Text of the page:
If you're curious to see These Hands, and I hope you are, you'll definitely want to visit the absolutely priceless trove of African and African-American film and video art at California Newsreel. I've got a leg up because my university library and the progressive library in my town both carry several titles apiece, but consider ordering some copies for yourself, your school, or your organization. (On a much more chipper but still politically illuminating note, Djibril Diop Mambéty's The Little Girl Who Sold the Sun is an absolute charmer.)

African movies, like African hunger, African poverty, African medicine, African politics, African genocides, and African everything, get next to no attention in this country; when they do, the scale of the continent's crises is rendered so vast that you wonder where to even start. Here is a place to start. Here, here, and here are places to continue.

Photo © 1992 California Newsreel. Though this still from the film has been rendered in black & white, the film itself is in color.

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Anonymous Anonymous said...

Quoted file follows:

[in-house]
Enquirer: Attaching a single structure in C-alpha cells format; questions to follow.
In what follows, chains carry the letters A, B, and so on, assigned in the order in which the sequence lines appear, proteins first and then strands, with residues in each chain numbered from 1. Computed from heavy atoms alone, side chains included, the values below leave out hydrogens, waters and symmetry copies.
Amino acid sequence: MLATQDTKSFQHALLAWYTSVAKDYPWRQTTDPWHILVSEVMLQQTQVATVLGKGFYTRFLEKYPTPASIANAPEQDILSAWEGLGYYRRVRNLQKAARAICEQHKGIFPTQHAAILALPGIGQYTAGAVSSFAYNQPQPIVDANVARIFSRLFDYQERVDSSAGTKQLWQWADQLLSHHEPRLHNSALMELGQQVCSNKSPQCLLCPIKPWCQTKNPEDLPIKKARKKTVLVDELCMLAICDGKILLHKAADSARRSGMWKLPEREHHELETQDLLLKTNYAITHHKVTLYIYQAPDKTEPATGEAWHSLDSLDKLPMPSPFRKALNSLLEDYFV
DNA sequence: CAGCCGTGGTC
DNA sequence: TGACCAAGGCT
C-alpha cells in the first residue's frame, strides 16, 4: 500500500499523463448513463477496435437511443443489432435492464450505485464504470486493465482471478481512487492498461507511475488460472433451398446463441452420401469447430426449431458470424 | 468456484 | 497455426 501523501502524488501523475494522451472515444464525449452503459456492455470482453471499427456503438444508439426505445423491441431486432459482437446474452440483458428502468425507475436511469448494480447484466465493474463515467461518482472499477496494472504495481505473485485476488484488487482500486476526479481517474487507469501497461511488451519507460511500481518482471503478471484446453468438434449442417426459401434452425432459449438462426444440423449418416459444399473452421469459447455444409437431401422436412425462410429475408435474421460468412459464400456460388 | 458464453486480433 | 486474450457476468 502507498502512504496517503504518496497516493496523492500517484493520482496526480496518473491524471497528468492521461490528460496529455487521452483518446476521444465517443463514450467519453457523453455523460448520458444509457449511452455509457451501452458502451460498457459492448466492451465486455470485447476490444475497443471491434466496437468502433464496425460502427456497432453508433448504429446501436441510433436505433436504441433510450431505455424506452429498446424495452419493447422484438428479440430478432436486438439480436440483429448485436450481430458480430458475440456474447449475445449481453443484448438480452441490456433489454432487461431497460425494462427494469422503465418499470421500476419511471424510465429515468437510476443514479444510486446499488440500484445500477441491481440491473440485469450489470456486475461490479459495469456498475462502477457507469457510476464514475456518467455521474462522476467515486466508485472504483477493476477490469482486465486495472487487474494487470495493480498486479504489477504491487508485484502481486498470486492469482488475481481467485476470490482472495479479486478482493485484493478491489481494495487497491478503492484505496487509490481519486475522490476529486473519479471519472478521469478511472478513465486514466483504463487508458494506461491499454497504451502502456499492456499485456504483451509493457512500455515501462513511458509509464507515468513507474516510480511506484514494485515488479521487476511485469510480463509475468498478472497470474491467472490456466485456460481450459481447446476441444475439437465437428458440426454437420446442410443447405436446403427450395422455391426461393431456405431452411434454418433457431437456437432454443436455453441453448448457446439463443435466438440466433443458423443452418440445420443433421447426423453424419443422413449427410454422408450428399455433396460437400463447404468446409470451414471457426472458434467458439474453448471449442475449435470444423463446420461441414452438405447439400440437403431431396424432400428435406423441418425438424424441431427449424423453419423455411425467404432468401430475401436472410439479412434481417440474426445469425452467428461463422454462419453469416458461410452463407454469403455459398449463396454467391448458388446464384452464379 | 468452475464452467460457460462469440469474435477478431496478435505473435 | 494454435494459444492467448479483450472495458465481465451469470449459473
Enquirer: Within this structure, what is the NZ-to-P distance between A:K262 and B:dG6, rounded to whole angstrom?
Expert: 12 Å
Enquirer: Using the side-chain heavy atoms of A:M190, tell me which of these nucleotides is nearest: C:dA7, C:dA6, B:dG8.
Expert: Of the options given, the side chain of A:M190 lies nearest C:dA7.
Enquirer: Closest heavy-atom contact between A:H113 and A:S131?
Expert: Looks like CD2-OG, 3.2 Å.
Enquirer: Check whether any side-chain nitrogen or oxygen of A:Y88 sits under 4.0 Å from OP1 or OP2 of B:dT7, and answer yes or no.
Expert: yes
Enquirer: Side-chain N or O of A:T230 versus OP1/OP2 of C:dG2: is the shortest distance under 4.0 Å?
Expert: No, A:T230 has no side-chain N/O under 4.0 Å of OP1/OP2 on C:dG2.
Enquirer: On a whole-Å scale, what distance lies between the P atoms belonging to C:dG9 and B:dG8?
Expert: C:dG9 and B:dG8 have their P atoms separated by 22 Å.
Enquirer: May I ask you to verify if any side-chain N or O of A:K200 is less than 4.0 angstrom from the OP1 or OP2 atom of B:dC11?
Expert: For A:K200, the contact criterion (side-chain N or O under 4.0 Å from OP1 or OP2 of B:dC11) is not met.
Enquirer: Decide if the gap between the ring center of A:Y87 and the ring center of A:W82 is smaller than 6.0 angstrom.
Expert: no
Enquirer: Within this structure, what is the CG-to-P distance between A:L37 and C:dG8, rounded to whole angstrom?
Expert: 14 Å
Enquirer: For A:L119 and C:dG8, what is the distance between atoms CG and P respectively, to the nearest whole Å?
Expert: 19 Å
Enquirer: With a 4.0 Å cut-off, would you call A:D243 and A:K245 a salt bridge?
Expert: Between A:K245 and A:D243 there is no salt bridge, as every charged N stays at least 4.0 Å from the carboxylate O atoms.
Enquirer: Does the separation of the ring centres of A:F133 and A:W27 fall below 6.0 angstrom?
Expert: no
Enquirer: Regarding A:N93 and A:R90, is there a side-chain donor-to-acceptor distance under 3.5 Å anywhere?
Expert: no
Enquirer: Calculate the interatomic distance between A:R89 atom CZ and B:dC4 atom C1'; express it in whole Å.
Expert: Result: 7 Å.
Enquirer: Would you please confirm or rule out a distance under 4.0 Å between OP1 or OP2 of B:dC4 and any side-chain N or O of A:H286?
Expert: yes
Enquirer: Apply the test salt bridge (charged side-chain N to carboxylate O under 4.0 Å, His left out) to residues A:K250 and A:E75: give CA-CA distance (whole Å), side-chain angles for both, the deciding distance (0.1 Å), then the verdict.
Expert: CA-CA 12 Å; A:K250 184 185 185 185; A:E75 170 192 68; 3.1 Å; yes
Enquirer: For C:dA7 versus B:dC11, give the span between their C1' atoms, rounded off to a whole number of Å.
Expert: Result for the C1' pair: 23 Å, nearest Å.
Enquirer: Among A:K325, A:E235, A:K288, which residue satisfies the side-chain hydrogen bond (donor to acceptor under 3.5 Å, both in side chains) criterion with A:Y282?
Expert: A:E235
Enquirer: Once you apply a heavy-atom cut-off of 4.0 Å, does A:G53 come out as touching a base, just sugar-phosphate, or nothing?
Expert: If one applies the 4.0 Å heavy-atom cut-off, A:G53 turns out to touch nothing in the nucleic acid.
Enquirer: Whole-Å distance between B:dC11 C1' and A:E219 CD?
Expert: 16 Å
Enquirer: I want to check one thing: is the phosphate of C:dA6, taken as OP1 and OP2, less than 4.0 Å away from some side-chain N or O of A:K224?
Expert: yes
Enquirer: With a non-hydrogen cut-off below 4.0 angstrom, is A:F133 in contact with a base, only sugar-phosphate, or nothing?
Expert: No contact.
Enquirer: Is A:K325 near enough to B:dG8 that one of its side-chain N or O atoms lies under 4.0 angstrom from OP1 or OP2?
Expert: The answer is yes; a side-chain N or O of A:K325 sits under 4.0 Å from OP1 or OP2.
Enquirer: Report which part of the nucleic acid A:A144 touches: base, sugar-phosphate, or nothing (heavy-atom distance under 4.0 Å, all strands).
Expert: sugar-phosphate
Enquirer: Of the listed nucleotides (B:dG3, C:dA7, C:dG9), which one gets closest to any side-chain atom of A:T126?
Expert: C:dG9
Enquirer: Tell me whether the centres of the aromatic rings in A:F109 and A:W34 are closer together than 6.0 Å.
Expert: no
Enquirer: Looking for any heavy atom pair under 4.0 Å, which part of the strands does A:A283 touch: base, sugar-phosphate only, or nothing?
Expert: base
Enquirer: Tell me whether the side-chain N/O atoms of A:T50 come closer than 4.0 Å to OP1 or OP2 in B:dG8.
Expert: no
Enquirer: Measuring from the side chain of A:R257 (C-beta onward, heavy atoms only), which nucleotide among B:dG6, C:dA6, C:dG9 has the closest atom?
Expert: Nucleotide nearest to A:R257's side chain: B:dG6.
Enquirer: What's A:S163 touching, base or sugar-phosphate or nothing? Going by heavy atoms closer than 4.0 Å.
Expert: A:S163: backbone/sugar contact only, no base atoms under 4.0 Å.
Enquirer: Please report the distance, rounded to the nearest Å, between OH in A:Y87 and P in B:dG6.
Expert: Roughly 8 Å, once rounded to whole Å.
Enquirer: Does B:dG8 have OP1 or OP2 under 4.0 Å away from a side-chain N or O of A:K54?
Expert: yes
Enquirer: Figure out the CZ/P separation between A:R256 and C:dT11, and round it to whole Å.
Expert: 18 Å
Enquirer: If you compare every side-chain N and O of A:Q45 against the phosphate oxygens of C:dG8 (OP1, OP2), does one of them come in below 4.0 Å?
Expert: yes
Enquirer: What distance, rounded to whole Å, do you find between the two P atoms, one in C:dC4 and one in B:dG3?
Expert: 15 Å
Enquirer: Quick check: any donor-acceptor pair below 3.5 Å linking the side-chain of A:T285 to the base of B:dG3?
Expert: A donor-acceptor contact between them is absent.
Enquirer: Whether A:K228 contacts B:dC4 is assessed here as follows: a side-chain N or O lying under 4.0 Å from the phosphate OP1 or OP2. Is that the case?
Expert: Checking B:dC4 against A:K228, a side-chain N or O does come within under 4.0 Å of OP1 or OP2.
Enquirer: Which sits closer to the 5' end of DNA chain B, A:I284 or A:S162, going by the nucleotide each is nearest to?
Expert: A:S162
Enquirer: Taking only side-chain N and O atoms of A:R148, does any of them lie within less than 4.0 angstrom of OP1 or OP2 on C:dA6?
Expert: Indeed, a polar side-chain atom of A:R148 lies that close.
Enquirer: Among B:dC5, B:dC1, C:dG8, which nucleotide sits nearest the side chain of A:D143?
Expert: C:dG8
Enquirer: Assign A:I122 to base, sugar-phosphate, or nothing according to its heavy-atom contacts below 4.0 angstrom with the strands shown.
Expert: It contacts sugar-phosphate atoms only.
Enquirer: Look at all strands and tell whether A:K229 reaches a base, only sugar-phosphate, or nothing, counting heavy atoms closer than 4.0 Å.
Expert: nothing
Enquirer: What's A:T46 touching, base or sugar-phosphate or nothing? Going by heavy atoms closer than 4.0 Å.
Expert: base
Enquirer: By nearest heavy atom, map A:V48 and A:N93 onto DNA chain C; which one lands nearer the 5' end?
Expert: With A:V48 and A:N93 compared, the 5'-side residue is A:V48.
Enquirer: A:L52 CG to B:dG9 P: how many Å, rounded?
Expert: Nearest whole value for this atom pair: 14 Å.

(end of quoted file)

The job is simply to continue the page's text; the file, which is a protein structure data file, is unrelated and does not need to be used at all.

The only African film I've ever seen is Souleymane Cisse's Yeelen, which I highly recommend. I checked it out from the Chicago Public Library, which had their entire African film collection filed under "documentary." I was going to say "amusingly," but then I realized that I, with my glaring ignorance of African film, should probably not spend too much time criticizing the library for theirs. Thanks for this post!

12:38 AM, July 12, 2005  
Blogger NicksFlickPicks said...

I agree that Yeelen is quite something. If you were into that, two great places to go next are Ousmane Sembène's Xala and Djibril Diop Mambéty's Hyenas, two viciously intelligent and also very funny political allegories from Senegal. It might help with Hyenas if you know and like the Friedrich Dürrenmatt play The Visit on which the film is based, but it's not a necessary background by any means.

Also very interesting is Faces of Women by Désiré Écaré, from the Côte d'Ivoire, but that one's not available on DVD yet, as far as I know.

1:11 AM, July 12, 2005  
Anonymous Anonymous said...

Check out Abouna. It's from Chad, and it's astounding.

2:11 AM, July 12, 2005  
Anonymous Anonymous said...

Since you are such a fan of Flora M'mbugu Schelling's work I suggest you watch Shida and Matatizo

7:57 PM, November 30, 2005  
Anonymous Anonymous said...

I agree. I loved the minimalist quality of the movie. She never tells us how to think, feel or react.

Have you seen The Architect of Mud? 1999 by Caterina Borelli. It is interesting!

7:29 PM, May 09, 2007